A species goes extinct when there are none of its kind left. In other words, extinction is about small numbers, so how does big data help us study extinction? Luckily for us, each individual of a species carries with it signatures of its past, information on how connected/ isolated it is today, and other information on what may predict its future, in its genome. The last fifteen years have witnessed a major change in how we can read genomes, and information from genomes of individuals and species can help better plan their conservation.
All life on Earth harbours genetic material. Often called the blueprint of life, this genetic material could be DNA or RNA. We all know what DNA is, but another way to think of DNA is as data. All mammals, for example harbour between 2 to 3.5 billion bits of data in every one of their cells. The entire string of DNA data is called the whole genome. Recent changes in technology allow us to read whole genomes. We read short 151 letter long information bits many, many times, and piece together the whole genome by comparing it to a known reference. This helps us figure out where each of these 151 letter long pieces go in the 3 billion letter long word. Once we have read each position on an average of 10 or 20 times, we can be confident about it. If each genome is sequenced even ten times and only ten individuals are sampled, for mammals each dataset would consist of 200 to 350 billion bits of data!
Over time, the genome changes because of mutation, or spelling errors that creep in. Such spelling errors create variation, or differences between individual genomes in a population (a set of animals or plants). Similarly, large populations with many individuals will hold a variety of spellings or high genetic variation. Since DNA is the genetic blueprint, changes in the environment can also get reflected in these DNA spellings, with individuals with certain words in their genome surviving better than others under certain conditions. Changes in population size often changes the variety of letters observed at a specific location in the genome, or variation at a specific genomic position. Migration or movement of animals into a population adds new letters and variation. Taking all these together, the history of a population can be understood by comparing the DNA sequences of individuals. The challenge lies in the fact that every population faces all of these effects: changes in population size, environmental selection, migration and mutation, all at once, and it is difficult to separate the effects of different factors. Here, the big data comes to the rescue.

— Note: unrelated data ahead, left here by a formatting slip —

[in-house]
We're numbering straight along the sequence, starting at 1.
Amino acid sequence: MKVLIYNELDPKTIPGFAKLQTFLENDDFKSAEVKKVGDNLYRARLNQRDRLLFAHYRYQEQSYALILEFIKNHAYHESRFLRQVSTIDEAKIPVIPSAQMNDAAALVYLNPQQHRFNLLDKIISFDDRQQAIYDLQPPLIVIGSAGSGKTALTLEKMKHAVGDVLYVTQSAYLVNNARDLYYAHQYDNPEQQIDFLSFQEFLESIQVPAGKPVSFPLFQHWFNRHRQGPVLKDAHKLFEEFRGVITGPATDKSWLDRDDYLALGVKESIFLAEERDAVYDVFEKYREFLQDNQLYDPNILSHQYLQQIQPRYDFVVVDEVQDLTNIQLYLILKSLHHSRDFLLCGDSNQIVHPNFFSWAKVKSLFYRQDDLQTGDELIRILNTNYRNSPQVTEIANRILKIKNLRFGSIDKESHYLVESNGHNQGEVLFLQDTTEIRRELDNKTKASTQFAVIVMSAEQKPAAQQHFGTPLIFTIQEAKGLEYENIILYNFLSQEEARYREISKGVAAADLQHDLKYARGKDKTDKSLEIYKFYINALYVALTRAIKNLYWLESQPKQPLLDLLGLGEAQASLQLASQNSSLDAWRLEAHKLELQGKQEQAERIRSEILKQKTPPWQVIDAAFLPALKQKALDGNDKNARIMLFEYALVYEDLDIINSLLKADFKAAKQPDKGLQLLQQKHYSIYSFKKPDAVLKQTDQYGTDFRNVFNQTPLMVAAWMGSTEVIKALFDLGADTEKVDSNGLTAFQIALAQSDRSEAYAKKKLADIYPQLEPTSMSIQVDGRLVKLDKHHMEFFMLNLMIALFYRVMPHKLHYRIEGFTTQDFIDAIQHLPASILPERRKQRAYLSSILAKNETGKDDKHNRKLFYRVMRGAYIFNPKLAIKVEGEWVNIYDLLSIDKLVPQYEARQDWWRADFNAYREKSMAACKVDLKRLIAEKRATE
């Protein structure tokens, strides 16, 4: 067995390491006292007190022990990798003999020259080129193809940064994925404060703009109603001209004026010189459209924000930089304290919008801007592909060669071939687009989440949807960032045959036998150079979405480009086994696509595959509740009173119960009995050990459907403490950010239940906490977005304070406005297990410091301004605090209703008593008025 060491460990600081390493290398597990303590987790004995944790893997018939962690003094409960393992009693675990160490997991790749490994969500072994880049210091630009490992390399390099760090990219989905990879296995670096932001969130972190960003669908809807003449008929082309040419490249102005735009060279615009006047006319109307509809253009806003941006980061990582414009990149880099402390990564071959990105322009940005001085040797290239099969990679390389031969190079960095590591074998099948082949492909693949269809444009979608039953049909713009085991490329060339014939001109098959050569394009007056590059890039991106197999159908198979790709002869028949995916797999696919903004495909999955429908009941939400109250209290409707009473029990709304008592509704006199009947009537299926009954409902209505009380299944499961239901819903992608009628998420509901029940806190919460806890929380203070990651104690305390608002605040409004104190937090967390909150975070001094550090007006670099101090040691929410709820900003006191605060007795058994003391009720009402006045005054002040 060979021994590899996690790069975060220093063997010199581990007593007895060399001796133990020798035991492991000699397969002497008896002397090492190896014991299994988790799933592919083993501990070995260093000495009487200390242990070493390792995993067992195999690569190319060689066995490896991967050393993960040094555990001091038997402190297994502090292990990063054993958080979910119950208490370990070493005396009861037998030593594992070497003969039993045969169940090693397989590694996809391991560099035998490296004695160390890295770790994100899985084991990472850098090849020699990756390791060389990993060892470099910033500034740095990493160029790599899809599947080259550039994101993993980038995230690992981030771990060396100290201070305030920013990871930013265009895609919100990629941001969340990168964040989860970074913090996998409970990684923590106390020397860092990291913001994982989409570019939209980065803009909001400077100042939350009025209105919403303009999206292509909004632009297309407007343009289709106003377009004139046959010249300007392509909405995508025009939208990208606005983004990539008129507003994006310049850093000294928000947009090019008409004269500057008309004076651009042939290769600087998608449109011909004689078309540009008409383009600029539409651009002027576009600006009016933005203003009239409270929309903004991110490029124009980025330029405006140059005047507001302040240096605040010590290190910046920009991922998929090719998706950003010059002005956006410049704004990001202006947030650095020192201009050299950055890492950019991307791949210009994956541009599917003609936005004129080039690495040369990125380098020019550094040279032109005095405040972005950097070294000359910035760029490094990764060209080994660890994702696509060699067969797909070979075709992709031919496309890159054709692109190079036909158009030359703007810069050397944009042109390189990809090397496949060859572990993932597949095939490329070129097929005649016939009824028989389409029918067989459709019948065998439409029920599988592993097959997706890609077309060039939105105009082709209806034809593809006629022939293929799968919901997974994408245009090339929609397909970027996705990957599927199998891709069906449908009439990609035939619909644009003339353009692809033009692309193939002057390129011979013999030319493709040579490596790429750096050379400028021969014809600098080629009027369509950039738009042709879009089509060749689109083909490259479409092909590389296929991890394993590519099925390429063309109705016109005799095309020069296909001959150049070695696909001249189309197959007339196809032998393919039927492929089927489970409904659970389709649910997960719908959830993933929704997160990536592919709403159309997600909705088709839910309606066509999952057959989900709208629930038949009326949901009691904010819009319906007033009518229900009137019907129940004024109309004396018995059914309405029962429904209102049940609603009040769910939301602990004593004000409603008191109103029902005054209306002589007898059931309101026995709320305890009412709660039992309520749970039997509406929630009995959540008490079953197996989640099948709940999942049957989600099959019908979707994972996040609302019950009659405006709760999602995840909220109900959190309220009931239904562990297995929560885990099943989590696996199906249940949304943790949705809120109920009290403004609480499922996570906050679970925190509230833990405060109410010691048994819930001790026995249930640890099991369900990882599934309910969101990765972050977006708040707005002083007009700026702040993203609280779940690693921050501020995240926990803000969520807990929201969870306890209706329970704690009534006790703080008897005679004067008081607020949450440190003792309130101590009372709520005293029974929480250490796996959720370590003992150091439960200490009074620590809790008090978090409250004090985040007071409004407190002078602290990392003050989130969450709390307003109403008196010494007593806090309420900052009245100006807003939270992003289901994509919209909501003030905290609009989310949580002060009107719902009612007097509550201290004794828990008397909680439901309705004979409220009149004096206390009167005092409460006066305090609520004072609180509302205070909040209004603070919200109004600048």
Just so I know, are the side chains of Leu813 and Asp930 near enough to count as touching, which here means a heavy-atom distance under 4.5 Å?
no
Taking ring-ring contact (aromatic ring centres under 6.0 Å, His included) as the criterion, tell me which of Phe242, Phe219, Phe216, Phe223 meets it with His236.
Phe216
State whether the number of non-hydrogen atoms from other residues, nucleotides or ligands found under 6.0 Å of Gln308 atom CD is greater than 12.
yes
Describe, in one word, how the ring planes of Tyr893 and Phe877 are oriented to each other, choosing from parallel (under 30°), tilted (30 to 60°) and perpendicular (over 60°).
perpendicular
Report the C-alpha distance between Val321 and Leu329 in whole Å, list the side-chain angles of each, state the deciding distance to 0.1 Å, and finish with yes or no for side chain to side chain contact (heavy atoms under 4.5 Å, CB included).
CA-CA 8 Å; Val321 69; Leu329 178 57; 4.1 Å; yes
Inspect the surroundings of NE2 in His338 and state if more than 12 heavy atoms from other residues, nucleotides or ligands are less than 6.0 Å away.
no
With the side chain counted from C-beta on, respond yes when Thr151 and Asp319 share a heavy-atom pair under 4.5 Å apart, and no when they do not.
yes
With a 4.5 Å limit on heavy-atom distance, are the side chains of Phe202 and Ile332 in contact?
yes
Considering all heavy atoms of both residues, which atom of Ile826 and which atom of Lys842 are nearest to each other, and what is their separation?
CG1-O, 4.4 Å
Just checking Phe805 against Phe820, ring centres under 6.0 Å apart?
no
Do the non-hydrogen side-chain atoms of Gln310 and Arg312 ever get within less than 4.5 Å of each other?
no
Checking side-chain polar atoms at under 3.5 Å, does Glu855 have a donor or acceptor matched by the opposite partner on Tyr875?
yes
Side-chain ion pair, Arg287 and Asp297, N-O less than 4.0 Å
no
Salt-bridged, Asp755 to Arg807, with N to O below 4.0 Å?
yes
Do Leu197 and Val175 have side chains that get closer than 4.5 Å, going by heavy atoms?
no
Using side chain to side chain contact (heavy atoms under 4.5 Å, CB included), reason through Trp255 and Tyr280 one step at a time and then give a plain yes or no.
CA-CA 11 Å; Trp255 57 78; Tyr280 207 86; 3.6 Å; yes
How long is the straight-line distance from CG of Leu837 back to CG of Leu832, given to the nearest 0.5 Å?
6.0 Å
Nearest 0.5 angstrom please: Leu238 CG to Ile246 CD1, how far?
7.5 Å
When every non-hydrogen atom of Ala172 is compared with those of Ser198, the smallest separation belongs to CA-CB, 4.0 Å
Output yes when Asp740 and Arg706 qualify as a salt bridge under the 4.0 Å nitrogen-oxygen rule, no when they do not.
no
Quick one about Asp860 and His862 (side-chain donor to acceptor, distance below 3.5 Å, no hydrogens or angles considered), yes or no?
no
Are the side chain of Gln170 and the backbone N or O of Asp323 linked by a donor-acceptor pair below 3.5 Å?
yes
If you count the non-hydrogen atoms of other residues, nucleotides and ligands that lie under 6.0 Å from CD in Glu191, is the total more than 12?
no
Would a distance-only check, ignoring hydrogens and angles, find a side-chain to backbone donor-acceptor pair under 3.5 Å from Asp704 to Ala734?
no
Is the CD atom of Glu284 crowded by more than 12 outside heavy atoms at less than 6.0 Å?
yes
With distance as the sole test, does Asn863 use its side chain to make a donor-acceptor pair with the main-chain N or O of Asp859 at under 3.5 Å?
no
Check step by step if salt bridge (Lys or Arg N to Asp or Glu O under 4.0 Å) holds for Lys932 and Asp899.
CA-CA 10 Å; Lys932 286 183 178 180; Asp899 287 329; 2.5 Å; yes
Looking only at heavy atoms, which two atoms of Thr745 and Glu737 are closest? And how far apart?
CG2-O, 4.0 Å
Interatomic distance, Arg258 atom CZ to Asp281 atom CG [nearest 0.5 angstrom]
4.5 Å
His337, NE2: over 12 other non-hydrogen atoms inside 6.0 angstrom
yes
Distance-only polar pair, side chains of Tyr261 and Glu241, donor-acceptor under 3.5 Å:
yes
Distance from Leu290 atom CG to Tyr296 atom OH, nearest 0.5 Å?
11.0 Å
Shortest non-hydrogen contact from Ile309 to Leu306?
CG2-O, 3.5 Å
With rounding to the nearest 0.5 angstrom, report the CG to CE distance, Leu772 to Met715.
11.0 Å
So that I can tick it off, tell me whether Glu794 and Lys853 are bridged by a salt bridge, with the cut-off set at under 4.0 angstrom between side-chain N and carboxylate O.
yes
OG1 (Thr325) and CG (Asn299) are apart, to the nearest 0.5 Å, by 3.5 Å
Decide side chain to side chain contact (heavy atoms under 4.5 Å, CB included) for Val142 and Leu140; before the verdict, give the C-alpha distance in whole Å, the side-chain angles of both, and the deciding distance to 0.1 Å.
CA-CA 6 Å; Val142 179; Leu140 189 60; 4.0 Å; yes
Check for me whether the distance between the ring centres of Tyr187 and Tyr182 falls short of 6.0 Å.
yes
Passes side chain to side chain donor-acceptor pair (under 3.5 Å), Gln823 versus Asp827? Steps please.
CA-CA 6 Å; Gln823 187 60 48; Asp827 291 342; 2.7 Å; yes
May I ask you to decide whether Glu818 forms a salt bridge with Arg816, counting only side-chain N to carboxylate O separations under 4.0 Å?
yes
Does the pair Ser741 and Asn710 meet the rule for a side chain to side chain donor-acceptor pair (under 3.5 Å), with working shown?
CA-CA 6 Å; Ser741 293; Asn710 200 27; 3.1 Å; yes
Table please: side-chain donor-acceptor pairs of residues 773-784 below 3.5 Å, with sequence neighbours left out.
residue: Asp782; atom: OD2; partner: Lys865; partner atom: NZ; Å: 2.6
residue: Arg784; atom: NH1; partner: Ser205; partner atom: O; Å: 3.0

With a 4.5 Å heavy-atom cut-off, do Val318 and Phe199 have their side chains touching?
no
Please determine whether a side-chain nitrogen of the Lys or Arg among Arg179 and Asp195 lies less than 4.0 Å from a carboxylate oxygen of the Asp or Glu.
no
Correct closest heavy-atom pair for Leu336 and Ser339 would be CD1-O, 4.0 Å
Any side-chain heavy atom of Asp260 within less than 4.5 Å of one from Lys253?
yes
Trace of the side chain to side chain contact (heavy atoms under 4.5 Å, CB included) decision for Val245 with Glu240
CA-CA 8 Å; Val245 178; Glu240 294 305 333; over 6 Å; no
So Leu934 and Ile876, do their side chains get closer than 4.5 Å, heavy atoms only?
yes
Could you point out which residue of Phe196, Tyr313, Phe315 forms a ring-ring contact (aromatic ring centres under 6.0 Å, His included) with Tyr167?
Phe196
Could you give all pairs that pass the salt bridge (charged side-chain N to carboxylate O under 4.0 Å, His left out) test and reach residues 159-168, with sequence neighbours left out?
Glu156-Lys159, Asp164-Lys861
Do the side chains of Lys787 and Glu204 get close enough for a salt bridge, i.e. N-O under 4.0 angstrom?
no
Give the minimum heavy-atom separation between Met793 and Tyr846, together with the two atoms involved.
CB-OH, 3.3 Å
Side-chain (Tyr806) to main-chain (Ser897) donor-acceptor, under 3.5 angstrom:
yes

Genomic data has allowed us to understand how a population has been affected by changes in climate, and whether it has the necessary genomic variation to survive in the face of ongoing climate change. Or how specific human activities have impacted a population in the past. We can understand more about the origins of a population. How susceptible is a population to certain infections? Or whether the individuals in a population are related to each other. Some of these large datasets have helped identify if certain populations are identical and should be managed together or separately. All of these questions help in the management and conservation of a population.
We have worked on such big genomic datasets for tigers, and our research has helped us identify which populations of tigers have high genomic variation and are more connected to other populations. We have identified populations that are small and have low genomic variation, but also seem to have mis-spelled or badly spelled words, or a propensity of ‘bad’ mutations. We have identified unknown relationships between individuals within populations and have suggested strategies that could allow these isolated populations to recover their genomic variation. It has been amazing to peek into animals lives through these big data approaches, and we hope these types of genomic dataset will contribute to understanding how biodiversity can continue to survive on this Earth.
Uma Ramakrishnan is fascinated by unravelling the mysteries of nature using DNA as tool. Along with her lab colleagues, she has spent the last fifteen years studying endangered species in India.She hopes such understanding will contribute to their conservation. Uma is a professor at the National Centre for Biological Sciences.
Dr. Anubhab Khan is a wildlife genomics expert. He has researching genetics of small isolated populations for past several years and has created and analyzed large scale genome sequencing data of tigers, elephants and small cats among others. He keen about population genetics, wildlife conservation and genome sequencing technologies. He is passionate about ending technology disparity in the world by either making advanced technologies and expertise available or by developing techniques that are affordable and accessible to all.
This series is an initiative by the Nature Conservation Foundation (NCF), under their programme ‘Nature Communications’ to encourage nature content in all Indian languages. To know more about birds and nature, Join The Flock.
NASA-ISRO Working Together to Make India’s Space Station, Launch NISAR in 2024